The vast majority of Americans have only a remote sense of what Iraqis
are experiencing these days. We hear about people dying daily — 10 in a market here, 30 in a mosque attack there — but it comes across as statistics, as numbers divorced from a reality that we can empathize with. In past wars, you could blame this failure to understand the war in concrete, human terms on government censorship and timid reporting. But, with this war, the public doesn’t have that excuse. This is the first major American war fought in the age of the internet, and, as a result, a fuller picture of the war has always been just a Google search away. With that thought in mind, I have pulled together some digital resources that paint a fuller picture of what the US invasion has given everyday Iraqis. In clear terms, you can see what life really looks like in this newfound democracy.
Podcast: For starters, I would highly recommend this recent podcast from Open Source, a PRI production. It includes Iraqis and experts talking about the dislocation of many Iraqi citizens, and the growing refugee crisis in Syria and Jordan. (Note: this podcast requires iTunes, which you can download for free here.)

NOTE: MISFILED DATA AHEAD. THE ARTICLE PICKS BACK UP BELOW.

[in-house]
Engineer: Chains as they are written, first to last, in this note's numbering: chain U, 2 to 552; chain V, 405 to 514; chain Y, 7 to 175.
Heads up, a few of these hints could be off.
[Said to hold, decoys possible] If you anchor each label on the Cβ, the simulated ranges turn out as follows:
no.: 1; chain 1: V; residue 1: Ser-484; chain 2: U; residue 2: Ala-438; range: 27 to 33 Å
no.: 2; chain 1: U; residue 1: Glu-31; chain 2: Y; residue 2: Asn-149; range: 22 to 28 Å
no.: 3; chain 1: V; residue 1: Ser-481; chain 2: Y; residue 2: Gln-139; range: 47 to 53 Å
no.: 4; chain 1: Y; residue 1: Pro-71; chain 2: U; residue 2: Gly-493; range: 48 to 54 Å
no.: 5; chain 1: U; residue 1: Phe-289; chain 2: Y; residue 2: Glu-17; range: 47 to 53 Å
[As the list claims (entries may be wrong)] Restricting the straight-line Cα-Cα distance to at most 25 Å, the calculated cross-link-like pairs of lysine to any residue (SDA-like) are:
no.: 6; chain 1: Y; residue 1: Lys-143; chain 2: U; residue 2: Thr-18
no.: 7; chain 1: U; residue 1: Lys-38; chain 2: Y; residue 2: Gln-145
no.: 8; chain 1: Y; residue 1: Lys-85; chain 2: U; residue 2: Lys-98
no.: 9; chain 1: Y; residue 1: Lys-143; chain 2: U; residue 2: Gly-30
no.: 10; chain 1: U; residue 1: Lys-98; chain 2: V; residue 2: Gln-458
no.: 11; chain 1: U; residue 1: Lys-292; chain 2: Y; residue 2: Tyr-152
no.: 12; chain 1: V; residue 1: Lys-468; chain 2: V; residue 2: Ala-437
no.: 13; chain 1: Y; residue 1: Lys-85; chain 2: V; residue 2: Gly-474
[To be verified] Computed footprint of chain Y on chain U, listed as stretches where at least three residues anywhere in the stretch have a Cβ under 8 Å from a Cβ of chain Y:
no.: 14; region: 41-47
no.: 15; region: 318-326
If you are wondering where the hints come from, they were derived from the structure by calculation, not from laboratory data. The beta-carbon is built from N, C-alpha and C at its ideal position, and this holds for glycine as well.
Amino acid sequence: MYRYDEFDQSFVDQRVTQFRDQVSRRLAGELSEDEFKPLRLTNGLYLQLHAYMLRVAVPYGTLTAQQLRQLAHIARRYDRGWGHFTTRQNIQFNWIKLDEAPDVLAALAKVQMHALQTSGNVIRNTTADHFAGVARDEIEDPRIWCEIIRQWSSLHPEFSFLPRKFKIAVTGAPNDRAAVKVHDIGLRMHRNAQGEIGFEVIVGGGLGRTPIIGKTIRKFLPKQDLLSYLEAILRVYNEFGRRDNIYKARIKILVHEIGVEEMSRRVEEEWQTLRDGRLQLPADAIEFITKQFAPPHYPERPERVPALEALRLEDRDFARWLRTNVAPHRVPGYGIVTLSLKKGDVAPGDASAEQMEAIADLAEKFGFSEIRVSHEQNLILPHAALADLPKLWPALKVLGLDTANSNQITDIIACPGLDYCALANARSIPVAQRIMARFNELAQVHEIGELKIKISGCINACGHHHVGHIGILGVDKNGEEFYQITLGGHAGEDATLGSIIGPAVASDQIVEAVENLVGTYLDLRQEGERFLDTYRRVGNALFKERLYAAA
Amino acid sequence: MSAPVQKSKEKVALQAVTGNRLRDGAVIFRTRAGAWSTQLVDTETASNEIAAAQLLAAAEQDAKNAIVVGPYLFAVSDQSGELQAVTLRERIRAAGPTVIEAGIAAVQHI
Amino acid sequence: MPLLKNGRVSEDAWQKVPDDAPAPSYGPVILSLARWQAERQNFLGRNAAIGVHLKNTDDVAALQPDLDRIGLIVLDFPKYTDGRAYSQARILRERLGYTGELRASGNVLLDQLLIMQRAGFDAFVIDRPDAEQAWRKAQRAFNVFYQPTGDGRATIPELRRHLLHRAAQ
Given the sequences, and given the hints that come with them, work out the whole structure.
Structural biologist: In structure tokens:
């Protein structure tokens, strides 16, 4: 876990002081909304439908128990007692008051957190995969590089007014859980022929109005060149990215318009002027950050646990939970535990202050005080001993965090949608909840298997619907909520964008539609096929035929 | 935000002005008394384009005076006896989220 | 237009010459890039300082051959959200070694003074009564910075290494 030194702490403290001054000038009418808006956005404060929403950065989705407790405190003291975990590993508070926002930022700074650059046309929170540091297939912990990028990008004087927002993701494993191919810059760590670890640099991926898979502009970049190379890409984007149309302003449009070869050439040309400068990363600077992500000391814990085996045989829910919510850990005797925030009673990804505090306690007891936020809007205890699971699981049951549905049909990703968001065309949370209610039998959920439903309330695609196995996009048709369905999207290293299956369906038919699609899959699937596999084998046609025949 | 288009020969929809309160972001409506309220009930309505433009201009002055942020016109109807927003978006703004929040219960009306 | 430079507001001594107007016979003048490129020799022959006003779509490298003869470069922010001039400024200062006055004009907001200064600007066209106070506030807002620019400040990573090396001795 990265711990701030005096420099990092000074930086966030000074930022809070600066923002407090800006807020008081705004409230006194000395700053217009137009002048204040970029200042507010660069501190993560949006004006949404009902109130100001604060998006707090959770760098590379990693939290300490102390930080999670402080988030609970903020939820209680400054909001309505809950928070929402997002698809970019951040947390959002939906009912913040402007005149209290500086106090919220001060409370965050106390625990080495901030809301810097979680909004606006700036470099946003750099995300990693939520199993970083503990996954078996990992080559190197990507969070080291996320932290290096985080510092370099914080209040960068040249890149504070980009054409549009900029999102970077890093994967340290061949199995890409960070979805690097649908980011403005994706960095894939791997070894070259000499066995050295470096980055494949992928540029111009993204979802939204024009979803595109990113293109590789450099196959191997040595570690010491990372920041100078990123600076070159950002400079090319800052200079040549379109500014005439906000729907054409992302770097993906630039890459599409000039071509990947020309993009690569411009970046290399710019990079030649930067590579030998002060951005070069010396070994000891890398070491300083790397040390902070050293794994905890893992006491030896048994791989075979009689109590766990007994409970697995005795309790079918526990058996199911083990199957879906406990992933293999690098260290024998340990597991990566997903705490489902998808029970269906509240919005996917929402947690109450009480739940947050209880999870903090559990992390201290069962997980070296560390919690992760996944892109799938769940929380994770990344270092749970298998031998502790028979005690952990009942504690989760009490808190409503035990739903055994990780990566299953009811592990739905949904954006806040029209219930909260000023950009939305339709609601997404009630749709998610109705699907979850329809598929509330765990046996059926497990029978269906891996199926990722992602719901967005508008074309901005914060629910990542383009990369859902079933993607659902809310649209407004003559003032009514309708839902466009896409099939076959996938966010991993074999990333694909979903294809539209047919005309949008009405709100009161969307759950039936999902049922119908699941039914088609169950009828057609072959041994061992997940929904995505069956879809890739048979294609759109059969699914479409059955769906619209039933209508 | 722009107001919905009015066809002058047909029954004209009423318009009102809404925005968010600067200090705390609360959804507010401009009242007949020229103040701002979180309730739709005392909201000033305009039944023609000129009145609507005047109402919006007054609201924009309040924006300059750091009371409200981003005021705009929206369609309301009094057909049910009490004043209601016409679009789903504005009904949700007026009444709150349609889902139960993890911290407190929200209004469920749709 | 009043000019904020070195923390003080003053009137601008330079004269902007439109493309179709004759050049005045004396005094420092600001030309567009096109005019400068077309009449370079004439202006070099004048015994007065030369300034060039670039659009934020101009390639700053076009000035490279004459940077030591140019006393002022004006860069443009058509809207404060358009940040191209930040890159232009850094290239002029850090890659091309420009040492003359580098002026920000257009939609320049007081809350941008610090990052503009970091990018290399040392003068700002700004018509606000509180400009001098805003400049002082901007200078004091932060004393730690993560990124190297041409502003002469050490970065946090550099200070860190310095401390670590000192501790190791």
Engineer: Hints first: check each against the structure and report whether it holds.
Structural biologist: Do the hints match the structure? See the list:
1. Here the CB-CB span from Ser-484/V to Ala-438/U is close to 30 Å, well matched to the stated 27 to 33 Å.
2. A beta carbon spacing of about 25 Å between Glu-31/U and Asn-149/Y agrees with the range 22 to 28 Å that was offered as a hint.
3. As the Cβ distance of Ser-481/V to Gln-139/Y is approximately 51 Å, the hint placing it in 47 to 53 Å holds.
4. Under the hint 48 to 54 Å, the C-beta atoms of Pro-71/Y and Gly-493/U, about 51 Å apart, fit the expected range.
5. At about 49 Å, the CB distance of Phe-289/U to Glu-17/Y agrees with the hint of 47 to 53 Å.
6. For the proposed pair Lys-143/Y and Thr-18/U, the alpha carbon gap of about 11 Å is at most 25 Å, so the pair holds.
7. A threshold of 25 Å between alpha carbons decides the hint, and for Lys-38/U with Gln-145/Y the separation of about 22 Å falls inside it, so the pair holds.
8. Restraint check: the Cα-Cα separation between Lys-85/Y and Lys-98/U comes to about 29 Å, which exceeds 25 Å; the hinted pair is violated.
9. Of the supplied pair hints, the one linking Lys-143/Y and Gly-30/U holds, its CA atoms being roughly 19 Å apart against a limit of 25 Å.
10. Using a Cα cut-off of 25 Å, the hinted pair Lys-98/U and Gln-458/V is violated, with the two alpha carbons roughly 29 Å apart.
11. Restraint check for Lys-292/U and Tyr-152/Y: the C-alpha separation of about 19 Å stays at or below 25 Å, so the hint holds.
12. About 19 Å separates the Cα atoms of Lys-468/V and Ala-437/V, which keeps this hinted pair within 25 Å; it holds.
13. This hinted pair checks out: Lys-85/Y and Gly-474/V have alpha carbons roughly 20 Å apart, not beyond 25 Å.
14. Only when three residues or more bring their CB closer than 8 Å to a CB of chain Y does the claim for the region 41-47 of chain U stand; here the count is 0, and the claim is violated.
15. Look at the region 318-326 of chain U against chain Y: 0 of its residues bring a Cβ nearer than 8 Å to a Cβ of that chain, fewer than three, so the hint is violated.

Blogs: This collection of blogs written mostly by Iraqis in English will give you a real-time look at life in Iraq.
- A Family in Baghdad
- Alive in Baghdad
- You might want to particularly focus on the streamed video interviews.
- Blogging Baghdad: The Untold Story (Assembled by NBC reporters working on the ground in Iraq.)
- Healing Iraq
- Today in Iraq
- Treasure of Baghdad
Pictures: This photo diary by CBS News offers an extended archive of photos capturing the daily experience in Iraq.